Saturday, February 06, 2010

What He Said: David Carr on Twitter plus a few extra thoughts of my own

I've been meaning to link to this great column by the NYT's David Carr for quite some time: Why Twitter Will Endure.

He expresses a lot of what I try to explain to people about the appeal of Twitter. He also expresses my response to the most common doubts and complaints I hear expressed about Twitter.

1. David Carr recognizes that your experience with Twitter, and the value you see in it depends entirely on who you follow
I often tell people: "If you don't care what someone is tweeting, don't follow them. Surely, the web is the most customizable media experience you can have. You choose who to friend, who to follow, who to subscribe to. You choose how to consume their output...via apps, RSS readers, by visiting sites or not visiting sites. If someone or something bugs" There, that simple. No, really. I know you don't believe me. I know you think you are being assaulted by what-I-ate tweets, or ads, or too many promotional messages, or an over-reliance on flash graphics. You are not. Take control of your online experience, you'll be glad you did.

2. Even if he's following only smart, savvy people, David Carr doesn't try to absorb everything those people say all the time.
In fact, Carr uses a metaphor very close to the one I use all the time.

He says, "At first, Twitter can be overwhelming, but think of it as a river of data rushing past that I dip a cup into every once in a while."

I say: "I don't stand in the flood of information and ideas...I dip my toe in when I can and get a sense of what's rushing by and what I should pay attention to."

3. David Carr finds the tool endlessly interesting and eminently practical and useful
Ask a question, get it answered. It's kind of that simple. From people you know. Or people who know the people you know. When I go to Yahoo! Answers on another such answer engine on the web I find myself wondering how to filter and sift through the various answers much research do I need to do to confirm the research? On Twitter, most of the time, I get something quick and useful and usually accurate.

Has Twitter ever led me astray? On one or two occasions, definitely. I wouldn't recommend retweeting without even clicking on a link. But generally speaking I follow people I trust, and I trust them because they've established they are on the ball.

Now, Carr doesn't capture everything I love about Twitter. Although I signed up in 2006, even before the infamous Twitter explosion at SXSW '07, I wasn't a real convert until much later. But I soon saw the value of Twitter, and it's not just in information and advice and referrals to interesting links.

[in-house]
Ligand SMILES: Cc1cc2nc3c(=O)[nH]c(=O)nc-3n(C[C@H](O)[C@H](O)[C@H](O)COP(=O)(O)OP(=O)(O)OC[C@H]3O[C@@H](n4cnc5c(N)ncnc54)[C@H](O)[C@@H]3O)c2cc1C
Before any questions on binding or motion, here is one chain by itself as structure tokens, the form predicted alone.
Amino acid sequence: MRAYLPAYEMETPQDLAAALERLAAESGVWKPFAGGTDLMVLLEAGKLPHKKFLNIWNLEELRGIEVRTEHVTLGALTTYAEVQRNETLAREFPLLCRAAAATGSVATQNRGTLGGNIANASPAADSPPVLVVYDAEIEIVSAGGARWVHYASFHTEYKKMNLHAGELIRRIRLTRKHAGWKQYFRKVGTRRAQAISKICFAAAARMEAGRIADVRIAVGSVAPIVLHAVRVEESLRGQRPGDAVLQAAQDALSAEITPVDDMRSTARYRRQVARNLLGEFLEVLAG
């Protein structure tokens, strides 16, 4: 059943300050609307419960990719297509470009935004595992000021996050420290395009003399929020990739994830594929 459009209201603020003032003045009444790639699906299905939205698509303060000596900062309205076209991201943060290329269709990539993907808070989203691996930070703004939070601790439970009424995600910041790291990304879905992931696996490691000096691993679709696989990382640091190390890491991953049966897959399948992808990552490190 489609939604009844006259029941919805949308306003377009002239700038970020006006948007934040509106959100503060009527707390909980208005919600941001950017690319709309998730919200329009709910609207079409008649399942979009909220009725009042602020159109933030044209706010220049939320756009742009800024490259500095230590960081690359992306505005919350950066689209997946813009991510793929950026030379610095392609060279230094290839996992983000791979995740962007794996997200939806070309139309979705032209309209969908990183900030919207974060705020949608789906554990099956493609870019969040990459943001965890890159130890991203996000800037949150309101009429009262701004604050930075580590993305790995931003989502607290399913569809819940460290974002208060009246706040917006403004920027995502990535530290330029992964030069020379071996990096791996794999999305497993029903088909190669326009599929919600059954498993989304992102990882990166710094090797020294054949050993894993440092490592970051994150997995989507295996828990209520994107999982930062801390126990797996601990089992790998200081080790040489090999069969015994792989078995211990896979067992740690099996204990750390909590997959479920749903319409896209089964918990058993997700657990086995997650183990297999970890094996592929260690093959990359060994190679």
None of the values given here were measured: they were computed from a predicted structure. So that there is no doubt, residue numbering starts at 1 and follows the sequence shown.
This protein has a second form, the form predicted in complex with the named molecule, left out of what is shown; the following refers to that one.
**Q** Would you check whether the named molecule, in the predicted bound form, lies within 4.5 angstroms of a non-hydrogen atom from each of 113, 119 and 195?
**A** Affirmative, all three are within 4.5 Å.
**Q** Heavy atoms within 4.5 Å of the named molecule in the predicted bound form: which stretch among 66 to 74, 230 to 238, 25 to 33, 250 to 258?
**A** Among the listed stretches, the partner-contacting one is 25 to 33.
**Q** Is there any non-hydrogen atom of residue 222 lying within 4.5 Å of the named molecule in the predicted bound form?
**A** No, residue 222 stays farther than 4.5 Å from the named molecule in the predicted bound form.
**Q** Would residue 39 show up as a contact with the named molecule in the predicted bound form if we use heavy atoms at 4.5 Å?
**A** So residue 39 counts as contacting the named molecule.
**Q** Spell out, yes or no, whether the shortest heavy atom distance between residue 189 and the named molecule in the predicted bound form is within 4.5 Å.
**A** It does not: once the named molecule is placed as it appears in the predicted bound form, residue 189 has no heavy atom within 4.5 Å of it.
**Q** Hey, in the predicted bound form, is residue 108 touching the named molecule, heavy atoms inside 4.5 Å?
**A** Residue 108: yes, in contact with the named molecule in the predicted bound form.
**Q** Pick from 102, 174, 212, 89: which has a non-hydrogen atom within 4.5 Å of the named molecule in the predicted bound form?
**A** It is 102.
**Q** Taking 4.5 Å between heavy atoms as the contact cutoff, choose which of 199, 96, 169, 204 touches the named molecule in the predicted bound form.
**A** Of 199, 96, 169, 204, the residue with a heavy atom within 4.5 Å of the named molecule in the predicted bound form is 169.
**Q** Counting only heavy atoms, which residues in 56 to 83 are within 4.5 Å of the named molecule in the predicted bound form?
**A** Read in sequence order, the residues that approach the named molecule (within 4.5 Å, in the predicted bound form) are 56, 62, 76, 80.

If social media is all about the social...if the reason we use social media is to connect to other humans, to create a different kind of relationship with our community than can be created using any other form of media channel, then what could do more to forge those human connections than something where people express not only smart, well-formed, substantive thoughts (like those I try to blog) but also the most ephemeral, the most fleeting, the most impromptu thoughts and feelings that don't seem worth a blog post, but express something in my unique voice, nonetheless.

The tweets I publish that get the most replies? Tweets about music, food, things that strike my heart, not just my brain. These may not be the tweets that get *retweeted* the, that's the informational and educational and promotional stuff. But I get the most response, and forge relationships, based on being a real-live human who loves to hear "Bizarre Love Triangle" on the way to work, or is excited when a restaurant offers vegan dessert, or has a chance encounter with a sobbing woman in an airport.

Twitter is where the Internet is most like my family...having heated debates around the dinner table one minute, sharing my day the next, and laughing over something stupid only we understand the next after that.

Why do you love, hate, or have a love-hate relationship with Twitter?

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Because it's brains to brains, hearts to hearts, and who you are is what you have to say. Like listening in on (and hearing back from) the soul pool. And you can tune into the best and leave the rest.
OK, so maybe I didn't need to write this big long post. I should have just asked Jenna :)
I've had a couple of different versions of this conversation lately, mostly with coworkers who don't get the Internet at all. And yes, there are smart, committed, activist-type people out there who have never blogged, nor been interested in reading a blog.

The thing I tell them is that Twitter (which of course, they've only heard about from reading stories about how someone else read about a third party's lunch and decided Twitter was ridiculous) is a game-changer because of the hashtag.

The hashtag that allows me to follow, for example, what people are live-tweeting about my boss's remarks at a conference we were both attending. That one flipped some people over, to be sure.
Oh, definitely, the ability to know what people are saying and thinking in real time is incredibly useful form a practical point of view. Although I think that's exactly what some people don't like. It's overwhelming, and they really don't feel comforted when you say: "That conversation is happening whether you read it or participate in it or not..." :)
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